When I worked at a newspaper, my fellow reporters and I made mistakes.
Sometimes those mistakes were on the front page of the paper; sometimes tucked away on B7 between the obits and the county's largest legume. Sometimes they were mispelled names and misplaced box scores; sometimes misused facts and mishandled reputations.
But no matter the nature of the mistake-- its size or its import-- the correction always went in the same place. Second page of the A section, bottom right-hand corner. It was policy, and the policy had the unfortunate consequence of usually making the correction of a mistake less prominent than the mistake itself.
Such is the nature of news coverage on all levels, and one of the most valuable contributions the new media and blogs can make to that news coverage is to highlight corrections that would otherwise be overlooked in their little corner of A2.
A couple of weeks ago, spurred by Congressman John Murtha's assertion that Marines in Haditha had killed civilians "in cold blood," the media promptly rushed to judgement, topping every story with Murtha's cold-blooded soundbite. When word leaked from Pentagon sources that there might be murder charges in the case, the media ran with the "maybe murder" story.
Because no one had yet been charged, and no one was leaking the Marines' side of the story, many became concerned that the slanted coverage might affect the fair treatment and presumption of innocence to which American servicemen are entitled. One of those people was Brig. Gen. David M. Brahms, a former Marine lawyer who the Washington Post quoted out of context in its eagerness to get an Abu Ghraib reference into the story.
This week, the media is backing off of its original tone, and it's time to highlight corrections so they don't end up being relegated to the back of the paper and the back of people's minds. So, I give you the Top 3 things to remember about Haditha that the press would like you to forget.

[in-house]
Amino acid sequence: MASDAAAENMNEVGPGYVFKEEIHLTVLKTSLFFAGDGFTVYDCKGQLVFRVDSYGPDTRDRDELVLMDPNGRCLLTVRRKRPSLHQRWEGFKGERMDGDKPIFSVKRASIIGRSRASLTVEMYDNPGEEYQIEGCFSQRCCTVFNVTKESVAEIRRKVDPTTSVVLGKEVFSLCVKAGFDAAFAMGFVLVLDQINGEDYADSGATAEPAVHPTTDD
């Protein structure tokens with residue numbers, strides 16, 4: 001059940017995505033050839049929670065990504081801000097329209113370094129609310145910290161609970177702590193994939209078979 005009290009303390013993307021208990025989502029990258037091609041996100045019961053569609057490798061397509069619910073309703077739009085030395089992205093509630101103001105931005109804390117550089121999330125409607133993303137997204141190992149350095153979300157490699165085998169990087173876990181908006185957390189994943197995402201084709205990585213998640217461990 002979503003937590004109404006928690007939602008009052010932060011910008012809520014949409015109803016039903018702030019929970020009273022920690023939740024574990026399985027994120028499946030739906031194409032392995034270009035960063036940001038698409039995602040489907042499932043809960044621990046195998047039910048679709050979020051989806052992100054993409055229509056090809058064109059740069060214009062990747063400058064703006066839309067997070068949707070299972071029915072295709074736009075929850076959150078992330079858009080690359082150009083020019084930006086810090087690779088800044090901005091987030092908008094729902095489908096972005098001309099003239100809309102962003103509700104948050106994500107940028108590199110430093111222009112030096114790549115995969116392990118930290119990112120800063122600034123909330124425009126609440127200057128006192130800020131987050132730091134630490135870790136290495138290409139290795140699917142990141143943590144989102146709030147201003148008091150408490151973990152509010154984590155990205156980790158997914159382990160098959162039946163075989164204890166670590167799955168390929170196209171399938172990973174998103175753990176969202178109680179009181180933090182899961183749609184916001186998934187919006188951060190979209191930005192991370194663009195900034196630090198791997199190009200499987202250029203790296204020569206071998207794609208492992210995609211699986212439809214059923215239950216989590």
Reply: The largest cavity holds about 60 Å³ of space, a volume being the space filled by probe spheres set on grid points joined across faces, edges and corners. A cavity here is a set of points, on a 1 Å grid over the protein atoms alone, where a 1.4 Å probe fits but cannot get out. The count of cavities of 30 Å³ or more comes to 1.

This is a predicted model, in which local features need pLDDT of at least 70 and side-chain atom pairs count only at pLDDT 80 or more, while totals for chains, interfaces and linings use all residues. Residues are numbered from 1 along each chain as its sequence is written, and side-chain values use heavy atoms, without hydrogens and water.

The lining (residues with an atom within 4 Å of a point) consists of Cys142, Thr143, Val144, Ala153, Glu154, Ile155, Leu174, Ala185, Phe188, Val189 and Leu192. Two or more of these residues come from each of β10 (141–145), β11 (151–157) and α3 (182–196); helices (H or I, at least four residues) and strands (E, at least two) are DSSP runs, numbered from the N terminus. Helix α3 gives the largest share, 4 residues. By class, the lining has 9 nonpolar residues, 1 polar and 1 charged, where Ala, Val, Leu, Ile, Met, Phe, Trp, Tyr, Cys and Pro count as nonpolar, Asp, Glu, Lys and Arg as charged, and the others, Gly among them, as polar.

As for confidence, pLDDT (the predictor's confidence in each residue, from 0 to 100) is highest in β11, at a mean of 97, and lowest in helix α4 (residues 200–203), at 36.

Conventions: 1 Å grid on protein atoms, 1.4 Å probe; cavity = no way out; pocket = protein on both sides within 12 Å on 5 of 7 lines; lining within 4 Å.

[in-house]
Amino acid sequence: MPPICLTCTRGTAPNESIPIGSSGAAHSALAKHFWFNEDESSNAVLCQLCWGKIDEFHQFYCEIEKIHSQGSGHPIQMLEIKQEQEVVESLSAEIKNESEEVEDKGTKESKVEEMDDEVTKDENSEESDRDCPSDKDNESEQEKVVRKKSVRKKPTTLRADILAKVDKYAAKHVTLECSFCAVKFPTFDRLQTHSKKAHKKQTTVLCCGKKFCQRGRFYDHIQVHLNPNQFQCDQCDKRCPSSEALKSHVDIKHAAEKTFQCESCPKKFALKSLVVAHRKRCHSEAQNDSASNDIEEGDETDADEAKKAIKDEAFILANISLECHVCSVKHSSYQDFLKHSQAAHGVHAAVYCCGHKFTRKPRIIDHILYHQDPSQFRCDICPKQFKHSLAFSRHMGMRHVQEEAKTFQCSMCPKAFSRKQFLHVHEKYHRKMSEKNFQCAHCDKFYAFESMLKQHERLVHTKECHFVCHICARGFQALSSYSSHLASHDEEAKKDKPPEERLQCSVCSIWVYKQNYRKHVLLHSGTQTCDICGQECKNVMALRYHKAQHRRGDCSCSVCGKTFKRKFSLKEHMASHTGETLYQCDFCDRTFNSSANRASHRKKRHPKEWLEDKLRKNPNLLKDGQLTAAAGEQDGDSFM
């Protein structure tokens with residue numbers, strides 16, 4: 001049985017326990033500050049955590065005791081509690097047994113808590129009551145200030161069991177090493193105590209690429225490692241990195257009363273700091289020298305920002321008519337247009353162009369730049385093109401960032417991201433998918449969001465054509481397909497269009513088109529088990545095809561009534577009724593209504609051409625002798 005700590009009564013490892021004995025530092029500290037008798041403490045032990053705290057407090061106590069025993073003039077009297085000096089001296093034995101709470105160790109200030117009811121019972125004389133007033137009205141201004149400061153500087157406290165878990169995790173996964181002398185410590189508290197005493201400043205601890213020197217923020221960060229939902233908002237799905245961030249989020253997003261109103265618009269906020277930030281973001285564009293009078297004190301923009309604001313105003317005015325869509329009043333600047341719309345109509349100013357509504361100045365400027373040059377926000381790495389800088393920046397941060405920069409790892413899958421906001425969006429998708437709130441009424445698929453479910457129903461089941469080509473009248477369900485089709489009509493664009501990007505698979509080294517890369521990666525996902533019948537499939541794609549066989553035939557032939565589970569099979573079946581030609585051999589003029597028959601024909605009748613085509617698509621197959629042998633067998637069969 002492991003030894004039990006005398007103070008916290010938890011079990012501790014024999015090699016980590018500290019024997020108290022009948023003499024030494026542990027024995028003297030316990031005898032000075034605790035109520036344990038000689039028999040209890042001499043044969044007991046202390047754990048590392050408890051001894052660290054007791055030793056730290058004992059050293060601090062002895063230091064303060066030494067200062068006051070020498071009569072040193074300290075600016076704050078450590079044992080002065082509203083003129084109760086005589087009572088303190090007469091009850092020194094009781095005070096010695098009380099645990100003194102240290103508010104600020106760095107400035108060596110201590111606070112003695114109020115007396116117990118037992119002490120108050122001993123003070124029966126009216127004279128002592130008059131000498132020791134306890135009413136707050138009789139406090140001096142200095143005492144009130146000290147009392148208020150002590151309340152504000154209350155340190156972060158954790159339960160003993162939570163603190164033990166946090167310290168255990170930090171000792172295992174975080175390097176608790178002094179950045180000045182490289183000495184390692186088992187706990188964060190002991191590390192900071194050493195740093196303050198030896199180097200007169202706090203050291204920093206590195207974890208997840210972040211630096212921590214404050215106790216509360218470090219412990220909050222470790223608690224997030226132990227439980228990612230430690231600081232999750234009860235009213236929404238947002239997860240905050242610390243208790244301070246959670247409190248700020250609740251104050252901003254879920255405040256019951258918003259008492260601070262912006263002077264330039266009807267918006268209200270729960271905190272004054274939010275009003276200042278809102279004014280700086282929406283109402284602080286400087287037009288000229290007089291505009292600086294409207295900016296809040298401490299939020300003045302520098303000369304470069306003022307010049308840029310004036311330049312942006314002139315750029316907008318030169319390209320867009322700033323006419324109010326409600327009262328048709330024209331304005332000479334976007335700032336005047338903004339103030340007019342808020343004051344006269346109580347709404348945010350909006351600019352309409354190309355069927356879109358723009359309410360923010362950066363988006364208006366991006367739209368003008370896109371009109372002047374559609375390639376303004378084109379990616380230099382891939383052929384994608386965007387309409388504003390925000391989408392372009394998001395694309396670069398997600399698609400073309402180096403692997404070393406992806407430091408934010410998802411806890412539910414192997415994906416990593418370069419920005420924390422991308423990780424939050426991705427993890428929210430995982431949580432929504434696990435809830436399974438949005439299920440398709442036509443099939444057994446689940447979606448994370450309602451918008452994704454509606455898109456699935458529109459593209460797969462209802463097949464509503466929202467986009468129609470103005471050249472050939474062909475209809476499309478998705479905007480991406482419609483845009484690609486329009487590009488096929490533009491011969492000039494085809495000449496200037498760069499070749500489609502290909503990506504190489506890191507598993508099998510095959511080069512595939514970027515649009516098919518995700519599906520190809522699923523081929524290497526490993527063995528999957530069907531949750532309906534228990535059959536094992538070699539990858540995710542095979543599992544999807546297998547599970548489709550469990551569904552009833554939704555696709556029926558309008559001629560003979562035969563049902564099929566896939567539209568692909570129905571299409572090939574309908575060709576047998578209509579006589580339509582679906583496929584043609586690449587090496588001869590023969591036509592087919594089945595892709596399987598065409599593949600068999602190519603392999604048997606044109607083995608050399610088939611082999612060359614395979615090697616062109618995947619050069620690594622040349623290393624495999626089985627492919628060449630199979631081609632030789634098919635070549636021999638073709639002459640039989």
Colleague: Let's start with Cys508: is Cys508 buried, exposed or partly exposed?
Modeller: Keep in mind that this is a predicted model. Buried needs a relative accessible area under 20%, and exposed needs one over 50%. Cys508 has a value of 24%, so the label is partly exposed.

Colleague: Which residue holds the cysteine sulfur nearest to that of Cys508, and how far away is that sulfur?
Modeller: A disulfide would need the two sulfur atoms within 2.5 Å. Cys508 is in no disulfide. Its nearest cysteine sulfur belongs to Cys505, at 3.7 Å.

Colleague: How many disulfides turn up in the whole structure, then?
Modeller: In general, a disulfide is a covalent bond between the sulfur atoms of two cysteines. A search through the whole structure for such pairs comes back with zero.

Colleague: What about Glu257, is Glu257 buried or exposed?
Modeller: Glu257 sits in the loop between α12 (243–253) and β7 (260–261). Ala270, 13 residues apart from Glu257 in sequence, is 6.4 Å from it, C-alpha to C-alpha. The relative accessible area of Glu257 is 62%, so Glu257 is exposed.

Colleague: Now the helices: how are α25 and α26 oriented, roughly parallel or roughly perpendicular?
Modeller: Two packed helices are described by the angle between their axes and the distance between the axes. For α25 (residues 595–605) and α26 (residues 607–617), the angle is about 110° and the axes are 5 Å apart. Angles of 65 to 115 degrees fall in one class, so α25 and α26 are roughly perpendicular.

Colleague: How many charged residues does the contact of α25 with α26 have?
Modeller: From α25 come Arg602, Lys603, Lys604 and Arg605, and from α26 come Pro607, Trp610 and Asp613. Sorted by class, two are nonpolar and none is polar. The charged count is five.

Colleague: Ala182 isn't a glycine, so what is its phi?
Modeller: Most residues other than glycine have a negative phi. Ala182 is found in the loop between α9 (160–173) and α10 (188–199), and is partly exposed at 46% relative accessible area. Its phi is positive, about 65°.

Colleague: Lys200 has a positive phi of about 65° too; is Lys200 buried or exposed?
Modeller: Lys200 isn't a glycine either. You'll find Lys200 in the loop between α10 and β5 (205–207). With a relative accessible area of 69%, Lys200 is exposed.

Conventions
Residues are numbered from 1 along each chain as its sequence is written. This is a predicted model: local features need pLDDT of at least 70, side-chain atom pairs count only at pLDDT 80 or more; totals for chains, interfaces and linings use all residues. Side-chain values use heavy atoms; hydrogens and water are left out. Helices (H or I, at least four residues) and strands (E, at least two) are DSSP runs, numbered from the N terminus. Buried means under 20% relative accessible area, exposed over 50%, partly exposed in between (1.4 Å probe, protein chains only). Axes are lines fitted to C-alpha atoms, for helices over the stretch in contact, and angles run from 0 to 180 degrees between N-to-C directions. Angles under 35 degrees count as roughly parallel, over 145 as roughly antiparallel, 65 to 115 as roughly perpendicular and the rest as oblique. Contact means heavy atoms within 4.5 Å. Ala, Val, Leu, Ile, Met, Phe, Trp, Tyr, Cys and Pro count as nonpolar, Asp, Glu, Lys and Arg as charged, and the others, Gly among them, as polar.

1. Oops, Time After Time
In the first media report on a "possible massacre" at Haditha, back in March, Time magazine reported that "a day after the incident, a Haditha journalism student videotaped the scene at the local morgue and at the homes where the killings had occurred. The video was obtained by the Hammurabi Human Rights Group, which cooperates with the internationally respected Human Rights Watch, and has been shared with TIME."
Because the incident was under investigation and no one could comment on it, Time used that videotape to bolster the accusations of civilian massacre. Now, buried at the bottom of page four of that article is this correction:
In the original version of this story, TIME reported that "a day after the incident, a Haditha journalism student videotaped the scene at the local morgue and at the homes where the killings had occurred. The video was obtained by the Hammurabi Human Rights Group, which cooperates with the internationally respected Human Rights Watch, and has been shared with TIME." In fact, Human Rights Watch has no ties or association with the Hammurabi Human Rights Group. TIME regrets the error.
Without the connection to "internationally respected Human Rights Watch," the origin of the video and the motives of the journalist involved become much more questionable.
But that's not the only piece of photographic evidence called into question by Time corrections.
In a subsequent Time story , we have this correction:
In the original version of this story, TIME reported that "one of the most damning pieces of evidence investigators have in their possession, John Sifton of Human Rights Watch told Time's Tim McGirk, is a photo, taken by a Marine with his cell phone that shows Iraqis kneeling — and thus posing no threat — before they were shot."
While Sifton did tell TIME that there was photographic evidence, taken by Marines, he had only heard about the specific content of the photos from reports done by NBC, and had no firsthand knowledge. TIME regrets the error.
Well, I would hope they regret that one. When a major national news magazine claims there is specific photographic evidence of American Marines killing civilians while they were praying and it ends up being wrong, that correction should be as prominent as possible, especially when those Marines have not yet been charged or faced trial.
Over at Sweetness and Light, a blogger takes a look at Time's young journalist source and finds that the journalist was not exactly the green go-getter Time had described.
Why start a human rights group if you want to remain anonymous? And why did Time pretend their source was young? Why did they pretend he had no involvement with Hammurabi? (When in fact he is its founder.)
But that is just the start of the many questionable aspects of Thabit's accounts.